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sdparm 1.10-1
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Introduction
------------
sdparm is a utility for listing and potentially changing SCSI disk
parameters. More generally it can be used on any device that uses
a SCSI command set. Apart form SCSI disks, examples of devices that
use SCSI command sets are ATAPI CD/DVD drives, SCSI and ATAPI tape
drives and SCSI enclosures.

This utility was originally written for Linux. It has been ported
to FreeBSD, Solaris, Tru64, and Windows.

Relationship to sg3_utils
-------------------------
This package shares code with sg3_utils (version 1.33). With the subversion
revision control system this is done by having sdparm's "include/" and "lib/"
subdirectories pointing to the correspondingly named directories in the
sg3_utils package using the "svn:externals" property. These two "external"
directories include more files than sdparm uses. The excess files include
"lib/Makefile.am" and "lib/Makefile.in". The "Makefile.am" in sdparm's "src/"
directory does the main part of the build. When the tarball is generated for
this utility, various files are "exported" out of the subversion repository
and "svn:externals" redirection is no longer visible (but the unused files
are visible).

The sdparm executable may or may not be built depending on the libsgutils
(shared) library. Currently the ./configure rules are looking for a library
called libsgutils2.a or libsgutils2.so . In Debian those libraries are found
only in the libsgutils2-dev package, not the libsgutils2 package. If one of
those libraries is detected then sdparm will be built depending on libsgutils
(check 'ldd sdparm'). If neither of those libraries is detected at build time,
then the sdparm executable built will compile and link the relevant code from
its "include/" and "lib/" subdirectories.

Documentation
-------------
The utility outputs a usage message when the "--help" (or '-h' or '-?') option
is given. Many syntax errors also result in the usage message being printed.
There is also a man page which is in section 8 (administration and privileged
commands). It can be accessed with "man sdparm" once this package is
installed. Prior to installation the man page can be viewed from this
package's main directory with "man doc/sdparm.8".

There is a web page about this utility at http://sg.danny.cz/sg/sdparm.html .

Build infrastructure
--------------------
This packages uses the automake and autoconf tools. The generating files
(scripts) are configure.ac, Makefile.am, src/Makefile.am and autogen.sh .
The autogen.sh script only needs to be executed if one of the other generating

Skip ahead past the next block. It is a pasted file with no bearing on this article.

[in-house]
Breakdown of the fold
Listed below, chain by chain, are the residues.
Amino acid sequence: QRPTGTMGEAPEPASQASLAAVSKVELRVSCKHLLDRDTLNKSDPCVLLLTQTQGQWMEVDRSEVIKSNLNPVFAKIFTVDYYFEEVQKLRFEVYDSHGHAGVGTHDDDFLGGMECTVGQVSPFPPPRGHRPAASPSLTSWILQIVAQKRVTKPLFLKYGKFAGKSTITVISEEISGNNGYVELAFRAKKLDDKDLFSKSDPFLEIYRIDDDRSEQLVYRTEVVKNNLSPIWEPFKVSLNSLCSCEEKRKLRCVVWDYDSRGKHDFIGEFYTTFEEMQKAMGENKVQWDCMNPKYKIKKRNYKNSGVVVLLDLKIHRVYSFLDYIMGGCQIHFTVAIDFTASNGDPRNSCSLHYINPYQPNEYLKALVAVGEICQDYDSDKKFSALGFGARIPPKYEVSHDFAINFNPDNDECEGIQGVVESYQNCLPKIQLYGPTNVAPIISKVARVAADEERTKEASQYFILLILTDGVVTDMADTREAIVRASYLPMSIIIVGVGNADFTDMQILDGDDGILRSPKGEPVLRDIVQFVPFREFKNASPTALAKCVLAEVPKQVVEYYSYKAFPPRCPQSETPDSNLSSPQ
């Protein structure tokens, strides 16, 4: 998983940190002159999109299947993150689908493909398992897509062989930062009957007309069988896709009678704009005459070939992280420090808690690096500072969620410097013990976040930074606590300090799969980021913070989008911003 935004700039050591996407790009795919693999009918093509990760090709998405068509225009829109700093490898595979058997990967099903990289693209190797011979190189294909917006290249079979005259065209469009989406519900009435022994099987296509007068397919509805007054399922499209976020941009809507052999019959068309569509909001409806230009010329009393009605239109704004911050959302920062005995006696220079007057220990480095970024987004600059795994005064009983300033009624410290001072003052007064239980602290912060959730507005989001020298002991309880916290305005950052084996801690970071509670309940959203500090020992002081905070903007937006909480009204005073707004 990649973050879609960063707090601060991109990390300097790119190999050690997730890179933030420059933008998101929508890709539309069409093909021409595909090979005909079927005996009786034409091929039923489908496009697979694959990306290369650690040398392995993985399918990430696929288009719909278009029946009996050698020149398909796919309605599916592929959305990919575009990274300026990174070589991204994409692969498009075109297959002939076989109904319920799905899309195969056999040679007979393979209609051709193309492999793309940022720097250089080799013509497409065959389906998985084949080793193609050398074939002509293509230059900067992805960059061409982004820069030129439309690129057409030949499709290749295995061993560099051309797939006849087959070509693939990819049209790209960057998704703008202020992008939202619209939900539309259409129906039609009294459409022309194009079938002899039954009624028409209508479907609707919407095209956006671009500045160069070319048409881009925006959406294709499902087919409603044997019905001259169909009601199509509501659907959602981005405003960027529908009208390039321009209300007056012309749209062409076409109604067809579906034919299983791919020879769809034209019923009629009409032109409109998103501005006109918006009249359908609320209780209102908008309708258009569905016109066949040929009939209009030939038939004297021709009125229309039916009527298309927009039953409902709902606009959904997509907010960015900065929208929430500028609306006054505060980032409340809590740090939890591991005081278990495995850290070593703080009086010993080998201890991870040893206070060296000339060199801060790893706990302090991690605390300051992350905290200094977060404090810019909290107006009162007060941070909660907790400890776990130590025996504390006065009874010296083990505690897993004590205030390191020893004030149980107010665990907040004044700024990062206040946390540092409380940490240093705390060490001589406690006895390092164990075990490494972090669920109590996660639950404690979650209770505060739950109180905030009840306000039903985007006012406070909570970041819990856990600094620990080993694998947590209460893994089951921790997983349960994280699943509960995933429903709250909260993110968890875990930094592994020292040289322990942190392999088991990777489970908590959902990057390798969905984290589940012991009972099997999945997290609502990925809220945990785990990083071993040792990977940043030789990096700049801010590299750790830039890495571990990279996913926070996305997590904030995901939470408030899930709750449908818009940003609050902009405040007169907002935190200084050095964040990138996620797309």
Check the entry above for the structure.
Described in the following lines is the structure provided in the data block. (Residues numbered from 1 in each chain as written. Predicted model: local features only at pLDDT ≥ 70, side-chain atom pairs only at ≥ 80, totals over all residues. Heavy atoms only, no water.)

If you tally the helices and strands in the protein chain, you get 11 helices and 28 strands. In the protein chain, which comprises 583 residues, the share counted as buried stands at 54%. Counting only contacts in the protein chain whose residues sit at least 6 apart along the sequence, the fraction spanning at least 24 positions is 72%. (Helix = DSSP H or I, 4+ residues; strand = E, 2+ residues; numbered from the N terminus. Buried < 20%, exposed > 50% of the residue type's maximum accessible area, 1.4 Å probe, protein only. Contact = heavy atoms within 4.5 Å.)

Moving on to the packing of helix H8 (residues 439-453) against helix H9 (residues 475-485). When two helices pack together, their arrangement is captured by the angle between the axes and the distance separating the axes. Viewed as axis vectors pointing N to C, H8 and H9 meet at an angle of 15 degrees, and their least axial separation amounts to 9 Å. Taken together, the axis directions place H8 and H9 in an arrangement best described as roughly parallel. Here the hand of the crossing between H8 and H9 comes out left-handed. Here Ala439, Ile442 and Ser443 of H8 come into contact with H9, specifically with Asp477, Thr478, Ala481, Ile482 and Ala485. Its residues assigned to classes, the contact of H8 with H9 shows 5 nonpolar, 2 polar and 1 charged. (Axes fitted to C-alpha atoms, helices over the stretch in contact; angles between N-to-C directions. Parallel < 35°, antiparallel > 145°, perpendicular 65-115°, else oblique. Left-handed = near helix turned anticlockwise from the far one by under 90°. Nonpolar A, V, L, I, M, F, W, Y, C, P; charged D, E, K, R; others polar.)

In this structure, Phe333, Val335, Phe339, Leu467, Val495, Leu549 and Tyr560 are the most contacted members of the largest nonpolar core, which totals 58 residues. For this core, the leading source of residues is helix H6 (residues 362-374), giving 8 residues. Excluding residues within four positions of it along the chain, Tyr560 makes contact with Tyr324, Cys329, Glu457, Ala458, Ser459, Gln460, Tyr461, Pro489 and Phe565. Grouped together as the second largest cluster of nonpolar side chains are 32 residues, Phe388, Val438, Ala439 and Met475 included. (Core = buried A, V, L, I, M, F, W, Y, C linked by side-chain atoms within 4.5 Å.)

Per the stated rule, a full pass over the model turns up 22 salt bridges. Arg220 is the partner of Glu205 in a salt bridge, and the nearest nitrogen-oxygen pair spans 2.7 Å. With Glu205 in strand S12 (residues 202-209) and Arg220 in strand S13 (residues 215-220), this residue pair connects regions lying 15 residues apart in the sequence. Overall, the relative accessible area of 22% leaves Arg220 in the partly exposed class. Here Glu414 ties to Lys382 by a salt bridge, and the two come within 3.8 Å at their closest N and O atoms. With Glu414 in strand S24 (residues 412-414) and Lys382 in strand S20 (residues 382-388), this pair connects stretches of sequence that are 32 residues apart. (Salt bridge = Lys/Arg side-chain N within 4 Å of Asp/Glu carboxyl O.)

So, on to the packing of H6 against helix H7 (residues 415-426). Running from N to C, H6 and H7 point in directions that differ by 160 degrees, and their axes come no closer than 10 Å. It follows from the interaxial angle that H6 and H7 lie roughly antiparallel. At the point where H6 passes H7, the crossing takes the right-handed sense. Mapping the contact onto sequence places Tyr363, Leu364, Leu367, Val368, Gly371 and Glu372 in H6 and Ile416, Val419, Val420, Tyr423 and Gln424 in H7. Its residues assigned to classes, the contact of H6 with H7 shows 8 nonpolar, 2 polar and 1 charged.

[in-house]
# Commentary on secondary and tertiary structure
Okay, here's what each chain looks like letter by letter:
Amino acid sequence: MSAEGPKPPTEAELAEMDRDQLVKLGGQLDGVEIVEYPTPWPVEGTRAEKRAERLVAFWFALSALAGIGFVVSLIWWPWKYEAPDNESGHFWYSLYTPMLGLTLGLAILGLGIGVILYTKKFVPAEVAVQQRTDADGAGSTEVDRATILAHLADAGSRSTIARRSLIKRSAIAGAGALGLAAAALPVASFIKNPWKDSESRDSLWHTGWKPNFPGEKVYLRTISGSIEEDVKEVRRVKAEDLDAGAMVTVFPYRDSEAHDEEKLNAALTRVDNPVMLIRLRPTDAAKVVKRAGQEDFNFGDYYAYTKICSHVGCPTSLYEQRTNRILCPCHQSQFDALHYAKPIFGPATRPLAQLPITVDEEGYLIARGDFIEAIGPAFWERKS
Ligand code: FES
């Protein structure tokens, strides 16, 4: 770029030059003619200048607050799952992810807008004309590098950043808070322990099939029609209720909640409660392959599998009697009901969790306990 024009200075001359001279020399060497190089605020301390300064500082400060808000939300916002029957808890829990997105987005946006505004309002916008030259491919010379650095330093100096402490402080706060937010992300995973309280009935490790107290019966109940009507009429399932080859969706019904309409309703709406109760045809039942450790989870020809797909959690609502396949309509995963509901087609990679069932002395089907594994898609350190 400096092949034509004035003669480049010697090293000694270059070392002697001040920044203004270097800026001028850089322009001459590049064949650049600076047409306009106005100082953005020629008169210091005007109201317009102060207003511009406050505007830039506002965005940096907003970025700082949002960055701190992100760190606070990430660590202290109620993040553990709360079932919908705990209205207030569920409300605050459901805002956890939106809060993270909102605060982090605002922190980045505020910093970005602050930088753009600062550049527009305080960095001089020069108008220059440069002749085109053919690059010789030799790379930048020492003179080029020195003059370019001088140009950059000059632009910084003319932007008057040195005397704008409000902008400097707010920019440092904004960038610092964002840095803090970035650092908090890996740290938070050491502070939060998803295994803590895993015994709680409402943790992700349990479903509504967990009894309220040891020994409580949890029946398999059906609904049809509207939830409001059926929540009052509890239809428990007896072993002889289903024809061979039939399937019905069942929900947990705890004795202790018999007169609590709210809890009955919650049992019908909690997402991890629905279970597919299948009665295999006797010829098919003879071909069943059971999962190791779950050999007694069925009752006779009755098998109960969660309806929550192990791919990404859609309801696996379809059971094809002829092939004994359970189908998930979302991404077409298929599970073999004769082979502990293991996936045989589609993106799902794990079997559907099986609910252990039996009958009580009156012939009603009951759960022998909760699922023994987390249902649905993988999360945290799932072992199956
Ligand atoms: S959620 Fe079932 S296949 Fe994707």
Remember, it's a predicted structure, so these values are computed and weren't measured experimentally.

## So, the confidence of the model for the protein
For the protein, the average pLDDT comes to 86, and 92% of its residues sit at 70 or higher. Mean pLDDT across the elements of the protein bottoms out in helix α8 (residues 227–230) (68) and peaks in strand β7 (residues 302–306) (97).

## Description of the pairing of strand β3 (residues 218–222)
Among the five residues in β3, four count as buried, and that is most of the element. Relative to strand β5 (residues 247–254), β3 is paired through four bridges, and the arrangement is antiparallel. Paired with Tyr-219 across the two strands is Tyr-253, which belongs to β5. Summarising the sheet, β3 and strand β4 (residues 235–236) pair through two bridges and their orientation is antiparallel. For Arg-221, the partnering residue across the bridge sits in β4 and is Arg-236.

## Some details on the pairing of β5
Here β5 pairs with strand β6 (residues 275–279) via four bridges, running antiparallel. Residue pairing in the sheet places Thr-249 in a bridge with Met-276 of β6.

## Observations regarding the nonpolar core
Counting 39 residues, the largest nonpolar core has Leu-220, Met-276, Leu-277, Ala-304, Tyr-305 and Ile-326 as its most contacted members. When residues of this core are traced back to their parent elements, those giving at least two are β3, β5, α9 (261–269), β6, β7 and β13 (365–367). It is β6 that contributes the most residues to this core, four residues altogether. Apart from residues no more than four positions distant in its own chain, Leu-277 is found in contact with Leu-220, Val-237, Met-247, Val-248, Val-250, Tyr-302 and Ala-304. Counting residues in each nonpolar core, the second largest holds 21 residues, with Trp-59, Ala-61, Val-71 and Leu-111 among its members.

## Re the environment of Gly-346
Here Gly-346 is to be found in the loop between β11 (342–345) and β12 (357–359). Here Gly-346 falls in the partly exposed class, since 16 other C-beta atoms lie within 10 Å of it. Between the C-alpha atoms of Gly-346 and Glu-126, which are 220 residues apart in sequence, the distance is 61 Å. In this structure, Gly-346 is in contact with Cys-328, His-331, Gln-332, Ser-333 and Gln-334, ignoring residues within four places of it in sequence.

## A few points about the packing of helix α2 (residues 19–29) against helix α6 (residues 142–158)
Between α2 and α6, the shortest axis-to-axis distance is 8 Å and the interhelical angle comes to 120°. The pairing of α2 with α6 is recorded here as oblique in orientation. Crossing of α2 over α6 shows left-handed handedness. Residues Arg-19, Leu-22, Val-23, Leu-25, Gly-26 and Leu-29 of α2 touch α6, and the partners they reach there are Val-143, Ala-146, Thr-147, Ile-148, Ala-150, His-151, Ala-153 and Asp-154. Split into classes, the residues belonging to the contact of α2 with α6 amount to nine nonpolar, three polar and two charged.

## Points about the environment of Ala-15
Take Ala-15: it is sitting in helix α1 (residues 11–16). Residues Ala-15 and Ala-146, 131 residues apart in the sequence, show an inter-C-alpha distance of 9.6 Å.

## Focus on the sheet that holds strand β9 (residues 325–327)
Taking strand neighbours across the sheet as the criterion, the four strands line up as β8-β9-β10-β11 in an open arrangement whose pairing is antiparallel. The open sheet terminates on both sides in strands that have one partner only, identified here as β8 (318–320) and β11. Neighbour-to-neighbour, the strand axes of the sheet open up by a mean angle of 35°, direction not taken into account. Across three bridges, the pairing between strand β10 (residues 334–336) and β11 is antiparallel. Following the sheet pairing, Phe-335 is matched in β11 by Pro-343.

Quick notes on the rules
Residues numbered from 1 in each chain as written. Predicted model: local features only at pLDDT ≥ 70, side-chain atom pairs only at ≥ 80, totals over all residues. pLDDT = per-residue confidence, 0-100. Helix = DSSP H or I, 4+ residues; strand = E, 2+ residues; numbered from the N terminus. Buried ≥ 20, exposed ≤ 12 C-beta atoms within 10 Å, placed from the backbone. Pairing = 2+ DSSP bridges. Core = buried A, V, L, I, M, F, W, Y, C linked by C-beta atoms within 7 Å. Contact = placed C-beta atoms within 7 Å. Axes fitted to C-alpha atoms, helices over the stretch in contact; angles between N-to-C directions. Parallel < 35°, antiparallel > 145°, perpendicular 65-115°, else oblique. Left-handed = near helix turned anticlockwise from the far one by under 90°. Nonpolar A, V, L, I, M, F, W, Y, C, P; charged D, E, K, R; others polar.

files in the above list is changed.

There is a rpm "spec" file in the main directory: sdparm.spec . There are
Debian build files in the "debian" directory and a script called
build_debian.sh in the main directory. If build_debian.sh fails due to
compatibility level. Amongst other things debian builds are sensitive to
the value in the debian/compat file. If it contains "7" then it works on
lenny and gives warning on squeeze (but fails on the earlier etch).

The ./configure script supports these extra options:
  - '--disable-libsgutils' stops the build using the libsgutils library
    if it is found. Instead the copy of those files found under the
    include and lib directories is used.
  - '--disable-linuxbsg' drops Linux bsg driver support. This is only
    for testing and should no longer be necessary.
  - '--disable-scsistrings' excludes the asc/ascq and command name strings
    (defined by SCSI/T10) in an attempt to reduce the size of executables.

At the request of some Linux distributions, this package will attempt to
use the libsgutils library (name varies between distributions) at build time.
If that library is old then the link at the end of build can fail. One way
to sidestep that problem is by using './configure --disable-libsgutils'.
Another way is to remove the "dev" version of the libsgutils library package
(e.g. 'libsgutils2-dev' on a Debian based distribution).

License
-------
This utility is covered by a FreeBSD license. The intention of the author
is that both open source and commercial entities can re-use this code.
Naturally credit and improvement/bug feedback are encouraged. The part
of this code that others may be able to re-use is the information in
the tables in sdparm_data.c , sg_lib.c and sg_lib_data.c . This is